Saint Stephen’s Church is first mentioned around 1096. In 1100, during the reign of Henry I, it was given by one of the king’s courtiers, Eudo, to the monastery of Saint John at Colchester.

The church moved to its present site, on the east side of the Walbrook in the 15th century. In 1428, Robert Chichely, acting as executor of will of the former Lord Mayor of London, Sir William Stondon, bought a piece of land on the east side of the Walbrook from the Grocers' Company to build a new, larger church, and presented it to the parish. Several foundation stones were laid on 11 May 1429, and the church was consecrated on 30 April 1439.

This church was 38 metres long (125 ft) long and 20 metres wide (67 ft), and was considerably larger than the present building. That church also had a memorial to the composer John Dunstaple.

At the east end of the church was Bearbidder Lane, the source of the Great Plague of 1665.

The dome inside Saint Stephen Walbrook, designed by Sir Christopher Wren (Photograph: Saint Stephen Walbrook website)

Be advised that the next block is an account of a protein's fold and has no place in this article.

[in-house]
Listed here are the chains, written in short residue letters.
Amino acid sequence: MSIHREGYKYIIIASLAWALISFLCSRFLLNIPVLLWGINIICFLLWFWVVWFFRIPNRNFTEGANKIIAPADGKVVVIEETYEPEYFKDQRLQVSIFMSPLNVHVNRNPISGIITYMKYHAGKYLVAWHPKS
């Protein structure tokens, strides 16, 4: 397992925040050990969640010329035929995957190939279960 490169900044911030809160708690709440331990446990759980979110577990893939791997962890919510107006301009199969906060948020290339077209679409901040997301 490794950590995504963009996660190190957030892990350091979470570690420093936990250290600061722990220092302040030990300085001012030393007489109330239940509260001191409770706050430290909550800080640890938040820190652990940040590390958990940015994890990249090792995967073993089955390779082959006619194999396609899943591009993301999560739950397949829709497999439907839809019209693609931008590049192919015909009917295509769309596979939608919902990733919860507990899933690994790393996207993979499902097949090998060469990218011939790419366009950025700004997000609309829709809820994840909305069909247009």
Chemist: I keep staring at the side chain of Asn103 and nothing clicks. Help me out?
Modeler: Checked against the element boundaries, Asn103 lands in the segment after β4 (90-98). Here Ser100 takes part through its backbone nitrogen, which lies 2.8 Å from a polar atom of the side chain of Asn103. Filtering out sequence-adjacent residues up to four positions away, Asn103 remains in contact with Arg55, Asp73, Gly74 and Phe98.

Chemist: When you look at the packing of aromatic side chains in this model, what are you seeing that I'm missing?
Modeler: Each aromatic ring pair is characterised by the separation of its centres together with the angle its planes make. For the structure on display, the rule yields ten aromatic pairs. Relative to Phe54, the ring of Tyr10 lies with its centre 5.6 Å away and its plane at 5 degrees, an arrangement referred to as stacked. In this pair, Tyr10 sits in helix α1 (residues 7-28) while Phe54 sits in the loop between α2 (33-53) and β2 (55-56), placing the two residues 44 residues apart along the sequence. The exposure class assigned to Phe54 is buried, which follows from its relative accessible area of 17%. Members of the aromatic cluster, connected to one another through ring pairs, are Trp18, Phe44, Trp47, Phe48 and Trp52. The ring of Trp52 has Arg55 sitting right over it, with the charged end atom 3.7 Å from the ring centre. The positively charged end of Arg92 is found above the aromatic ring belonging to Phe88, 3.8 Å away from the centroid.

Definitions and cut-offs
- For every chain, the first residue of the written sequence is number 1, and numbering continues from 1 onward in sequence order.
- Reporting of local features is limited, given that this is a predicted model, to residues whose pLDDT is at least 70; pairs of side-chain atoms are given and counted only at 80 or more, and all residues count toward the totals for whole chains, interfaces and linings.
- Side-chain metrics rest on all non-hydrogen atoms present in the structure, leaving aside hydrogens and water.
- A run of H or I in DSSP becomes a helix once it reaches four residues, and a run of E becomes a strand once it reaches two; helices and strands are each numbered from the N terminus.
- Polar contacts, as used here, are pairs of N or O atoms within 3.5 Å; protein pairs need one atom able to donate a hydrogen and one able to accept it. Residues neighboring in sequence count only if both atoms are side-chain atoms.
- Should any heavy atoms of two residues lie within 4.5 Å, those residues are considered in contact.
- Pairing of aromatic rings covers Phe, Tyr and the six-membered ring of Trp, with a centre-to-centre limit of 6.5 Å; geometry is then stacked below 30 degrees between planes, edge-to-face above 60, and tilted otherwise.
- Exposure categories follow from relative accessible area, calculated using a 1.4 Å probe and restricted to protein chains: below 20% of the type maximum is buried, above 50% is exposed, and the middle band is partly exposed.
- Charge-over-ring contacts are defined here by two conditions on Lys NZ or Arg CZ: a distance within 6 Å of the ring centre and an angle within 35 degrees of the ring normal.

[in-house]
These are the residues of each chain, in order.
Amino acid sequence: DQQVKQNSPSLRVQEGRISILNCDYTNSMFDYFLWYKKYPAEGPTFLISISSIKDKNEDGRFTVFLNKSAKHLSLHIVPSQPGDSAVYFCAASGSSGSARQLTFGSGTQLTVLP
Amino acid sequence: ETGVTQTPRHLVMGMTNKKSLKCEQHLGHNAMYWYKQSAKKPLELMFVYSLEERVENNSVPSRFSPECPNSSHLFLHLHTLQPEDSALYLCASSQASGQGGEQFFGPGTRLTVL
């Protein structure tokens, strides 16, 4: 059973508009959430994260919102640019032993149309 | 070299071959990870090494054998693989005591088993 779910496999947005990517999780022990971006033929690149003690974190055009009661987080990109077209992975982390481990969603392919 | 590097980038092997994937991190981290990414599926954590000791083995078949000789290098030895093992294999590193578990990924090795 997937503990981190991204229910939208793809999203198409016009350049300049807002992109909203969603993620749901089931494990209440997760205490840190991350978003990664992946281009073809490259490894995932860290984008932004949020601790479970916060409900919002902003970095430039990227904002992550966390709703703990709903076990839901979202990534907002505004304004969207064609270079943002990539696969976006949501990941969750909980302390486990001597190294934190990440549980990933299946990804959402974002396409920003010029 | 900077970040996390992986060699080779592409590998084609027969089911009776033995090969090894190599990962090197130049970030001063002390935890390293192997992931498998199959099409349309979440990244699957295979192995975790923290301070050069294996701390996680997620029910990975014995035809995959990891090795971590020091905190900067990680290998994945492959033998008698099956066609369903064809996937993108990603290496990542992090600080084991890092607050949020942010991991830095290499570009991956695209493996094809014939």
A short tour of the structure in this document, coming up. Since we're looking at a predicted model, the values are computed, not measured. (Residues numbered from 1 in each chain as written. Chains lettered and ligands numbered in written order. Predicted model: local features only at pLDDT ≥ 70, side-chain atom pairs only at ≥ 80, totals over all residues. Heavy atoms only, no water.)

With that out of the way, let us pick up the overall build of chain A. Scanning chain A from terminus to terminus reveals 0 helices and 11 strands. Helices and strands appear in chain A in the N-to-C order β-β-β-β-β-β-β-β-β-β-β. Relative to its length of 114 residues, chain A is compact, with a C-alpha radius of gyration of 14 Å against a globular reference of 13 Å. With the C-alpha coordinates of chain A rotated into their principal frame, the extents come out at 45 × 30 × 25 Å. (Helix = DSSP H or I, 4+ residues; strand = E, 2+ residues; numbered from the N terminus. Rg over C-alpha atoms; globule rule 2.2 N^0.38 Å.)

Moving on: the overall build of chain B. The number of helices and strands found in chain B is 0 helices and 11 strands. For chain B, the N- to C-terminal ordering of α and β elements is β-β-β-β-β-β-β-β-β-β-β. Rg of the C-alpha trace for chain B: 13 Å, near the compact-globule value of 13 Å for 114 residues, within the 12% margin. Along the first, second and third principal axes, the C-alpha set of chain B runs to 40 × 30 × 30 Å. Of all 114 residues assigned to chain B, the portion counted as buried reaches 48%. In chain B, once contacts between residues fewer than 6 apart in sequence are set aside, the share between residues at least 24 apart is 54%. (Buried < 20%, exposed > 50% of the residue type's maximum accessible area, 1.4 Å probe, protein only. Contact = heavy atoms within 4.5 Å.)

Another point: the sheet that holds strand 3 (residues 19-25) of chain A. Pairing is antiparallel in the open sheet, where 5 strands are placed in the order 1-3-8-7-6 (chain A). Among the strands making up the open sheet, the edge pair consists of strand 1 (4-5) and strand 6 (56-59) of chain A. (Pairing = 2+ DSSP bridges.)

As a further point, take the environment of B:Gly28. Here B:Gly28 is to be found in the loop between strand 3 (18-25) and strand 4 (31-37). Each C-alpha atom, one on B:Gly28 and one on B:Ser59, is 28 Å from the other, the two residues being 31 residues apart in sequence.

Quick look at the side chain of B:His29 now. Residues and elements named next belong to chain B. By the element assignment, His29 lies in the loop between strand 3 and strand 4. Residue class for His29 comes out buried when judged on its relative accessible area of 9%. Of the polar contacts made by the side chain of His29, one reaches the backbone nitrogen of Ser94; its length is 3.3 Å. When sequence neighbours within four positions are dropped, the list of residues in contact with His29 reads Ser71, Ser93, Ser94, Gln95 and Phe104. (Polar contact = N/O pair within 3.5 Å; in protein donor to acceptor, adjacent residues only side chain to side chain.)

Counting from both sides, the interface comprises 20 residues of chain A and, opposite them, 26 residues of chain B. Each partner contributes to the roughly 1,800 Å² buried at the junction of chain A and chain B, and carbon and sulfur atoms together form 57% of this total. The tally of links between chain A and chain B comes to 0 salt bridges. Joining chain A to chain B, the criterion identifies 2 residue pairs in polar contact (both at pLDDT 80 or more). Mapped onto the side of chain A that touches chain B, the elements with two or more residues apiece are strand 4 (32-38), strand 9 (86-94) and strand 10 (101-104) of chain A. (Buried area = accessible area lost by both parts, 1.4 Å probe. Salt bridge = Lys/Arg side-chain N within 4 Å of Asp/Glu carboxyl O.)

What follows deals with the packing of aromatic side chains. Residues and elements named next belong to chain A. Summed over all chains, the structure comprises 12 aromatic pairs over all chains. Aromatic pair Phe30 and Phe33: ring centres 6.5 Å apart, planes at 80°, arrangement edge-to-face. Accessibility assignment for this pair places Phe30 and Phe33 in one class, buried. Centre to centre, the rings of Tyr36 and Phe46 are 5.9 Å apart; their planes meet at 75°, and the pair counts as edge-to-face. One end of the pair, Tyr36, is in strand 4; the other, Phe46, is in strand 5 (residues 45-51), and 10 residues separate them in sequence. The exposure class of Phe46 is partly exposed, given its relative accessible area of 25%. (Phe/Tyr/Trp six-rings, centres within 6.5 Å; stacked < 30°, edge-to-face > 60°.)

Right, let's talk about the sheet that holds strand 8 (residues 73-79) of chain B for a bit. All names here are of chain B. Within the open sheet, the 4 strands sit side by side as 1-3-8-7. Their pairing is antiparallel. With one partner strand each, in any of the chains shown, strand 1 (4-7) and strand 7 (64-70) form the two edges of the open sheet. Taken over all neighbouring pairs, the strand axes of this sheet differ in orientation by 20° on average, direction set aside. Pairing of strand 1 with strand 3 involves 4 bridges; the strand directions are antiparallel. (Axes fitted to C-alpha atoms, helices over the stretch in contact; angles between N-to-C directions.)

The church was destroyed in the Great Fire of London in 1666. The nearby Church of Saint Benet Sherehog was also destroyed in the Great Fire, was not rebuilt; instead its parish was united with the parish of Saint Stephen.

The present church was built in 1672-1679 to a design by Sir Christopher Wren, at a cost of £7,692, becoming one of his largest parish churches.

The church is rectangular in plan, with a dome and an attached north-west tower. Entry to the church is up a flight of 16 steps, enclosed in a porch attached to the west front.

Wren also designed a porch for the north side of the church. This was never built, and the north door was bricked up in 1685 because it let in offensive smells from the slaughterhouses in the neighbouring Stocks Market. The walls, tower, and internal columns are made of stone, but the dome is of timber and plaster with an external covering of copper.

The 19 metre (63 ft) high dome is based on Wren’s original design for Saint Paul’s Cathedral. It is centred over a square of 12 Corinthian columns. The circular base of the dome is not carried, in the conventional way, by pendentives formed above the arches of the square, but on a circle formed by eight arches that spring from eight of the 12 columns, cutting across each corner in the manner of the Byzantine squinch. This all creates what many believe to be Wren’s finest church interior.

The contemporary carved furnishings of the church, including the altarpiece and Royal Arms, the pulpit and font cover, are attributed to the carpenters Thomas Creecher and Stephen Colledge, and the carvers William Newman and Jonathan Maine.